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Small and Mid-Caps are close to all-time highs even as Large-Caps have marked time for the past decade.

January 23, 2011
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Dr. Paul Price

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Because big companies dominated the top performers lists back in 1999 – 2000 their share valuations grew to unsustainably overpriced levels. That’s why the stock prices of many fine companies that have posted significant advances in their fundamentals have seen little to no progress in their share prices since 2000.

Conversely, many of the overlooked small and mid-cap companies at the turn of the millennium were trading at less than typical multiples simply due to being the ‘out of favor’ group. Their stocks, as a group, have been superb performers as noted on this 10-year chart from the Jan. 23, 2011 Wall Street Journal.

large-cap-versus-mid-caps-jan-2011.jpg



While the chart only shows the Mid-Caps versus the S&P 500, the body of the WSJ article noted that the S&P Small-Cap 600 was recently within 3% of its all-time peak set in July 2007.

From 2000 – 2010:

Index Cum. Performance (including Div.) Outperformance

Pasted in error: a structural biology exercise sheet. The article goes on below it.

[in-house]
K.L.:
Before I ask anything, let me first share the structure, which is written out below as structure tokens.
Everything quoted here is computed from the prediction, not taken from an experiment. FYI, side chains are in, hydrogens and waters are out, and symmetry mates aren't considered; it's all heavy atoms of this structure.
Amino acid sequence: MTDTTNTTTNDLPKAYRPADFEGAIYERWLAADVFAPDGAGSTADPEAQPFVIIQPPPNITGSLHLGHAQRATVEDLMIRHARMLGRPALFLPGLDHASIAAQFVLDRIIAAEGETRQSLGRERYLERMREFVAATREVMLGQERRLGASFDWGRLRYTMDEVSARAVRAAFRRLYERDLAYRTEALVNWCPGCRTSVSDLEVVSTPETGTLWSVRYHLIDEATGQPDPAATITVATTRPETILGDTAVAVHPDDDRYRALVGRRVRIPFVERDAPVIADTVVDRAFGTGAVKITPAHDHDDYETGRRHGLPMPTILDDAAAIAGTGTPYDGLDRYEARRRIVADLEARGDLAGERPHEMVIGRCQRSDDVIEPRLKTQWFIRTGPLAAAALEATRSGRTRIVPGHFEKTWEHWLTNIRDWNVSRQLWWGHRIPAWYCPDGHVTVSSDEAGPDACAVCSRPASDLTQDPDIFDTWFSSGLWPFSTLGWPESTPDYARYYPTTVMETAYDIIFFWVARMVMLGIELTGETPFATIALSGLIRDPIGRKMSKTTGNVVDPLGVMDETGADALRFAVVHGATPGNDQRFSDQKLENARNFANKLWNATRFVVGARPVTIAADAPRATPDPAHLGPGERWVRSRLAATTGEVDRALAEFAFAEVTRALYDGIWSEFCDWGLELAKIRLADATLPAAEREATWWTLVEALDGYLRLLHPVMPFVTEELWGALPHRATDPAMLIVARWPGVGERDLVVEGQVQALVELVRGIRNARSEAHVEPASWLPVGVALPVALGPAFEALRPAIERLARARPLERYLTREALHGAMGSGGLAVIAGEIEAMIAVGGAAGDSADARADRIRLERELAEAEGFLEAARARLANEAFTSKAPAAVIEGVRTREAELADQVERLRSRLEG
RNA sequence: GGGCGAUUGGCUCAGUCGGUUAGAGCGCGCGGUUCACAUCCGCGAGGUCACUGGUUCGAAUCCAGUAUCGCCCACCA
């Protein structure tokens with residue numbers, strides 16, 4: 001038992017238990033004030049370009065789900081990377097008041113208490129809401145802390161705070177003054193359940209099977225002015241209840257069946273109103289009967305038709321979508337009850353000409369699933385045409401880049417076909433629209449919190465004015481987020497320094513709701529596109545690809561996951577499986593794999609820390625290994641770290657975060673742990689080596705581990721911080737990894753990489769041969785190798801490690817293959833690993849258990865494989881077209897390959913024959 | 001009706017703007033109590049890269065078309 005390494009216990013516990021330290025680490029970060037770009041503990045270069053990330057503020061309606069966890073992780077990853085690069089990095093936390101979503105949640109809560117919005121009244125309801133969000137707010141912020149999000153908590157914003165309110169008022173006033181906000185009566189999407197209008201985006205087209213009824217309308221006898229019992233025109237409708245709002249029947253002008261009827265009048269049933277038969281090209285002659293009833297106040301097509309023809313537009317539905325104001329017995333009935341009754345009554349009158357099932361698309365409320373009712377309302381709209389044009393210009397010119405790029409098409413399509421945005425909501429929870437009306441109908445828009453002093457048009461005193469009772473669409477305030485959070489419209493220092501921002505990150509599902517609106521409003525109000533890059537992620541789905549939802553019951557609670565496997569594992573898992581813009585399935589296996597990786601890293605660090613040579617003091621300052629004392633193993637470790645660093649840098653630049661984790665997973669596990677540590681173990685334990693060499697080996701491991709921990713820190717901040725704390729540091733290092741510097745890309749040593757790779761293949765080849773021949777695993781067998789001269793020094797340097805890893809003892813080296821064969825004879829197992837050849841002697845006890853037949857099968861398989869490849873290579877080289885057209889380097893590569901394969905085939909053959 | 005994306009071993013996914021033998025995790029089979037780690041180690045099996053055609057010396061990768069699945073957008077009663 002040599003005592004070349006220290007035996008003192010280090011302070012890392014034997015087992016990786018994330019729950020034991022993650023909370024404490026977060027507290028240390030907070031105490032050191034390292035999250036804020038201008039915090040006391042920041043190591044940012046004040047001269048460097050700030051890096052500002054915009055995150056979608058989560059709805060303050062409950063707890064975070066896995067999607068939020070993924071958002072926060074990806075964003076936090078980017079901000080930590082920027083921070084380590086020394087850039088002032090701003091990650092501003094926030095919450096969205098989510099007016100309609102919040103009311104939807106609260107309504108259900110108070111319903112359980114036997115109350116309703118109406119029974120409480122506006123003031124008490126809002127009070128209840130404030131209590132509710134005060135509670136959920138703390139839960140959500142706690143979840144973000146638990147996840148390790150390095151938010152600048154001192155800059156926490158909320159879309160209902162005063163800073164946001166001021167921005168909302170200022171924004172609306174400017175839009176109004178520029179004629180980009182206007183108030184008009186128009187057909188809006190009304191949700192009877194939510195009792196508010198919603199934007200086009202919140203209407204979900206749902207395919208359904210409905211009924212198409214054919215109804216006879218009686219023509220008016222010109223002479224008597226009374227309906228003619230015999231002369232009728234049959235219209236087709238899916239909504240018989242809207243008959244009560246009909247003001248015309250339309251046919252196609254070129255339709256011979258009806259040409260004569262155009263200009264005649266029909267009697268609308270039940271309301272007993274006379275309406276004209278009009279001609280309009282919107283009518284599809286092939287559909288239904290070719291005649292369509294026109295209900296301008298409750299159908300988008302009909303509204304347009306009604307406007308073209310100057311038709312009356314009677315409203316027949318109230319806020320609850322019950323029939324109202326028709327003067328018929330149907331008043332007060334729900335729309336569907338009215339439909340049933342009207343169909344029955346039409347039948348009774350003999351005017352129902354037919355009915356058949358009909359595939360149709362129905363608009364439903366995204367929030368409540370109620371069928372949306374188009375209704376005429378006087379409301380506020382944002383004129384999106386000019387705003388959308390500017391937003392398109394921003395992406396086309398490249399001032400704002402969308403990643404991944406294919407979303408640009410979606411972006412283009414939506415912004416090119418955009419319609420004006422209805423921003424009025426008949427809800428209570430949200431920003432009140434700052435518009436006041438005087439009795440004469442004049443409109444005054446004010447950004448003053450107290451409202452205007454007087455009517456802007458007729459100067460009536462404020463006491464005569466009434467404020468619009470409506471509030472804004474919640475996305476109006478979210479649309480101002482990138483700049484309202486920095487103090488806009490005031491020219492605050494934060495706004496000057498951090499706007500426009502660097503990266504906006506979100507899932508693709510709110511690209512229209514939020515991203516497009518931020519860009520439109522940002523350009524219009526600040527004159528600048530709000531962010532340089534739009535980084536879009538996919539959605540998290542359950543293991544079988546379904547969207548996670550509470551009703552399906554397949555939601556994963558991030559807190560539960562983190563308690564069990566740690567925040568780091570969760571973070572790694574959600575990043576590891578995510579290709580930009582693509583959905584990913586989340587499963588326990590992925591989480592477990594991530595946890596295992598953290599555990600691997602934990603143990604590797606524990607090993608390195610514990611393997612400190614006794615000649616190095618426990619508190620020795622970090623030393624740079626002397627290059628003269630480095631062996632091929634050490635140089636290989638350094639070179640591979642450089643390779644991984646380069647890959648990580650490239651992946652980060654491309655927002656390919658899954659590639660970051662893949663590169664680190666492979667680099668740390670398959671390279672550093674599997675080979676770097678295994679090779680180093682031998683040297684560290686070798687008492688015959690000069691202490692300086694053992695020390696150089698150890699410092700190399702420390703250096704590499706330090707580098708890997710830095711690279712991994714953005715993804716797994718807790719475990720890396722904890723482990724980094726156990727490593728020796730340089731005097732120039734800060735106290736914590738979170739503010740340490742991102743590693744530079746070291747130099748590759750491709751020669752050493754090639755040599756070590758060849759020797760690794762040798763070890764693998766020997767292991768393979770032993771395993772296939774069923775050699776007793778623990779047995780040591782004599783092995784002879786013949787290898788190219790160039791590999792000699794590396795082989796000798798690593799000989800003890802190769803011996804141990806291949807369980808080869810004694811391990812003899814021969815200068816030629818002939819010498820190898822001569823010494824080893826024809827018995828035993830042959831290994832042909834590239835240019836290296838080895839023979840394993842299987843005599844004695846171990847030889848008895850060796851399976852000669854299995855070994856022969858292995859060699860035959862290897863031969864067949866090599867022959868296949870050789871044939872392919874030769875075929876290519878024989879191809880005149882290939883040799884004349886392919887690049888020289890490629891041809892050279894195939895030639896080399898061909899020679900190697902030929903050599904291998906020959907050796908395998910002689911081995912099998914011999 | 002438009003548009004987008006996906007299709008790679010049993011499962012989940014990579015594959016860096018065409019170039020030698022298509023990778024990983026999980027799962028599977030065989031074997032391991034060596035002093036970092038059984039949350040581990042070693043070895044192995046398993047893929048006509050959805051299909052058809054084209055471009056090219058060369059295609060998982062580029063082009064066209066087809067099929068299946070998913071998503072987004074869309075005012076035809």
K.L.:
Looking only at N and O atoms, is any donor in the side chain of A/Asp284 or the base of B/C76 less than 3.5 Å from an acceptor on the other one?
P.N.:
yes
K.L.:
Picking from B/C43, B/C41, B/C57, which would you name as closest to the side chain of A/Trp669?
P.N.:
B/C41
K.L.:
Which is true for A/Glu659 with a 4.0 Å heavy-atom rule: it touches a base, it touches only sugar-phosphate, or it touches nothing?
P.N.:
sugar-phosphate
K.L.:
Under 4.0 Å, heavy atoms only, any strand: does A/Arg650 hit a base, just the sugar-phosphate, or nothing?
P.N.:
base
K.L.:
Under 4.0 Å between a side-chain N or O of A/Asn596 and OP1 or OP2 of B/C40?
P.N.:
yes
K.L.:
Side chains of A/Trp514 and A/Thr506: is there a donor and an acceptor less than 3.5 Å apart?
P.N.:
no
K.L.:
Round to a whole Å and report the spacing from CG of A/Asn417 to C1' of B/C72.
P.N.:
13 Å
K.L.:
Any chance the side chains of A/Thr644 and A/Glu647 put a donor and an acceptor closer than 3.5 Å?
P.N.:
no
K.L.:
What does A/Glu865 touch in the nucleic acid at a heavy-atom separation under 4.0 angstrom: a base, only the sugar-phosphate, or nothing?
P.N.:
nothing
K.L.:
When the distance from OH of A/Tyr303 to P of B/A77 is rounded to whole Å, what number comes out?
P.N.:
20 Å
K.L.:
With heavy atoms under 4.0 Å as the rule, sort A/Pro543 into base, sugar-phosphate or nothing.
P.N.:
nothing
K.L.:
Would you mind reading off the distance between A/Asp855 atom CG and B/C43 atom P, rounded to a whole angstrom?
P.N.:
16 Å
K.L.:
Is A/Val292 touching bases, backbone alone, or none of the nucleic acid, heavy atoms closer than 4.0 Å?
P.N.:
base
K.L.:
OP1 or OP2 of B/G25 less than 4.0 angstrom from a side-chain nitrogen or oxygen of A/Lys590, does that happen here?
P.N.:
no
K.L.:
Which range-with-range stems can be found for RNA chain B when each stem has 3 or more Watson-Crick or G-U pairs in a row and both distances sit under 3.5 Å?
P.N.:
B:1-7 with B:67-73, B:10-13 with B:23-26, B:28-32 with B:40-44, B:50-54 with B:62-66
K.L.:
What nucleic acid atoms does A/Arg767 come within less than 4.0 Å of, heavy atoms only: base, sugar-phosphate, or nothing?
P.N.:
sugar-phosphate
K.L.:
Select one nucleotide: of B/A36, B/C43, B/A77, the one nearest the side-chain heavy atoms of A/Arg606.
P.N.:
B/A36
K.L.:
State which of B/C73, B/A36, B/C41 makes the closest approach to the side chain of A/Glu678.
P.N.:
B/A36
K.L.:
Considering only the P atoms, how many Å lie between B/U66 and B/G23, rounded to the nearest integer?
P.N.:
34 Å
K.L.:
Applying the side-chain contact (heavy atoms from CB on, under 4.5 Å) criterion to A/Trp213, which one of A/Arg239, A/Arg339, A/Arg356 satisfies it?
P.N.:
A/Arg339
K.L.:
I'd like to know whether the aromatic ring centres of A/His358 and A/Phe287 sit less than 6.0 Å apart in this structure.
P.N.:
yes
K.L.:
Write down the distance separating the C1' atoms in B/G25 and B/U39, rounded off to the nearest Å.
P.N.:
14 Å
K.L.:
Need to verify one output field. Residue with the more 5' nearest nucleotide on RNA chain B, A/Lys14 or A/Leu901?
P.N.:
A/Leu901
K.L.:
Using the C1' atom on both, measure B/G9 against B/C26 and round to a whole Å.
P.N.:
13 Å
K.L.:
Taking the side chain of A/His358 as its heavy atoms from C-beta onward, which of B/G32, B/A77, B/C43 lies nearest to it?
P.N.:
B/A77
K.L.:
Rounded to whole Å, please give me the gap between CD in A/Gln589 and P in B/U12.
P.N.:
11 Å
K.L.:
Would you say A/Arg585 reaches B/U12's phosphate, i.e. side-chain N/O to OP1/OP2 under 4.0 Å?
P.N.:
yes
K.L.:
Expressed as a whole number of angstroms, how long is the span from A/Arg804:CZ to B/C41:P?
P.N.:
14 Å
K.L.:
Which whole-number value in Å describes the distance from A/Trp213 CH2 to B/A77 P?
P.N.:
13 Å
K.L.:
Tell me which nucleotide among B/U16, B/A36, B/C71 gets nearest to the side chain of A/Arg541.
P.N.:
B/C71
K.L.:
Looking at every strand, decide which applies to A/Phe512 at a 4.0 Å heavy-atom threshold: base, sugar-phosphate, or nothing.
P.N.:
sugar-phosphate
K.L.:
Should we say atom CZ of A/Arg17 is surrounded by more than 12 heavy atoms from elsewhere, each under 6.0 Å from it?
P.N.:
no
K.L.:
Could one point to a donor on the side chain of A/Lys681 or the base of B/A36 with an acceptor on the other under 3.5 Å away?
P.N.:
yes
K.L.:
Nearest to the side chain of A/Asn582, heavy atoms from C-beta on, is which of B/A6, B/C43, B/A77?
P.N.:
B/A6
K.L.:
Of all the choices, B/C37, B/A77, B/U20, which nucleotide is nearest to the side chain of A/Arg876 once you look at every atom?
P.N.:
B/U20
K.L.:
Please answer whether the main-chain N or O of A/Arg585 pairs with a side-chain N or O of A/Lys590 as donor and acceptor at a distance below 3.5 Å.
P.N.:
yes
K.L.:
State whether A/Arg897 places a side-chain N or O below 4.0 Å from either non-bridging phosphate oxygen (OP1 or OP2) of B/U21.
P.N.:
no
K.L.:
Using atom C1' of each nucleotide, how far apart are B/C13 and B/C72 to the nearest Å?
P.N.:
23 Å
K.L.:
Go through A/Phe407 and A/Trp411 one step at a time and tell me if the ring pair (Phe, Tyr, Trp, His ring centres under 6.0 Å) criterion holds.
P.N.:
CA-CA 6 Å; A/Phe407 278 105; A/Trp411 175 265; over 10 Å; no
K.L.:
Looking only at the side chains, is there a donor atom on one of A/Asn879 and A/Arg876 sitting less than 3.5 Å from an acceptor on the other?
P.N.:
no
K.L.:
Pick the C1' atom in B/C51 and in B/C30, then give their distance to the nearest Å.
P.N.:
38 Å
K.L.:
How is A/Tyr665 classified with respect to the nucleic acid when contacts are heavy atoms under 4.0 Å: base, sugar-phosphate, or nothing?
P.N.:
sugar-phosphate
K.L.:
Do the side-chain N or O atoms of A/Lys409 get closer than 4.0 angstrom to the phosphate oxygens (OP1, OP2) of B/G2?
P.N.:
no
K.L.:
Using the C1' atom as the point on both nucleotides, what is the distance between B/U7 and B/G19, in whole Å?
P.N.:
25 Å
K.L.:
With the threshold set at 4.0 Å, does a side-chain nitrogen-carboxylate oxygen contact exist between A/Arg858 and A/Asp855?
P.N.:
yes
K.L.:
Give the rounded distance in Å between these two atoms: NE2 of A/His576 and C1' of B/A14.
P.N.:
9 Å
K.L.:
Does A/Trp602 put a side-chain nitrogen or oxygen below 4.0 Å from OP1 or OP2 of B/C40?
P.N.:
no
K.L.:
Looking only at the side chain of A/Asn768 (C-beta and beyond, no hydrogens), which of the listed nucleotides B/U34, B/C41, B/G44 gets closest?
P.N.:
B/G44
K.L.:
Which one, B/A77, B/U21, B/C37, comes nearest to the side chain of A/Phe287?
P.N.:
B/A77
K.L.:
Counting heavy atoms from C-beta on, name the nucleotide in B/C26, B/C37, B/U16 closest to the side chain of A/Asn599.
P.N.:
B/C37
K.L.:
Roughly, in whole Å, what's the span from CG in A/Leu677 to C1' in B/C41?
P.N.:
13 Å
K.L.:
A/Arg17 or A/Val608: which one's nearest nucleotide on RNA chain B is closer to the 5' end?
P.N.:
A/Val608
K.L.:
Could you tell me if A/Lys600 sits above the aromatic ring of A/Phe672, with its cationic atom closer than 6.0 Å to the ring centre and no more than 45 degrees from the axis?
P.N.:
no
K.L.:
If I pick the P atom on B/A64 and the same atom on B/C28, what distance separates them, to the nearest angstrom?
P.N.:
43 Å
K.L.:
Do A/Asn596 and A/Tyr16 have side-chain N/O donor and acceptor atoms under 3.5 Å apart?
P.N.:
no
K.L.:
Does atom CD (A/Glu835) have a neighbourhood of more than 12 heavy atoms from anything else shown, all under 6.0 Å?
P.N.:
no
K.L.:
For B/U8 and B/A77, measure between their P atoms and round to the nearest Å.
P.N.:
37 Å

S & P 500 14.1% N/A
S& P 400 (mid-caps) 72.0% 410.6%
S & P 600 (small-caps) 77.2% 447.5%


For 2010 only:

Index Cum. Performance (including Div.) Outperformance
S & P 500 15.% N/A
S& P 400 (mid-caps) 26% 73.3%
S & P 600 (small-caps) 27% 80%


Credit Suisse Group notes that the relative outperformance has now pushed the average P/Es of the smaller companies to 17x versus the large caps average of 14x. That may set the stage for a reversal of trend going forward.

Dr. Paul Price www.BeatingBuffett.com www.OptionsProfits.com

About the author:

Dr. Paul Price
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Comments

superguru
Superguru - 3 years ago
"Credit Suisse Group notes that the relative outperformance has now pushed the average P/Es of the smaller companies to 17x versus the large caps average of 14x."

How does that indicate that large cap is cheaper?

Large cap average of 14x means fairly valued to slightly overvalued?

Please leave your comment:


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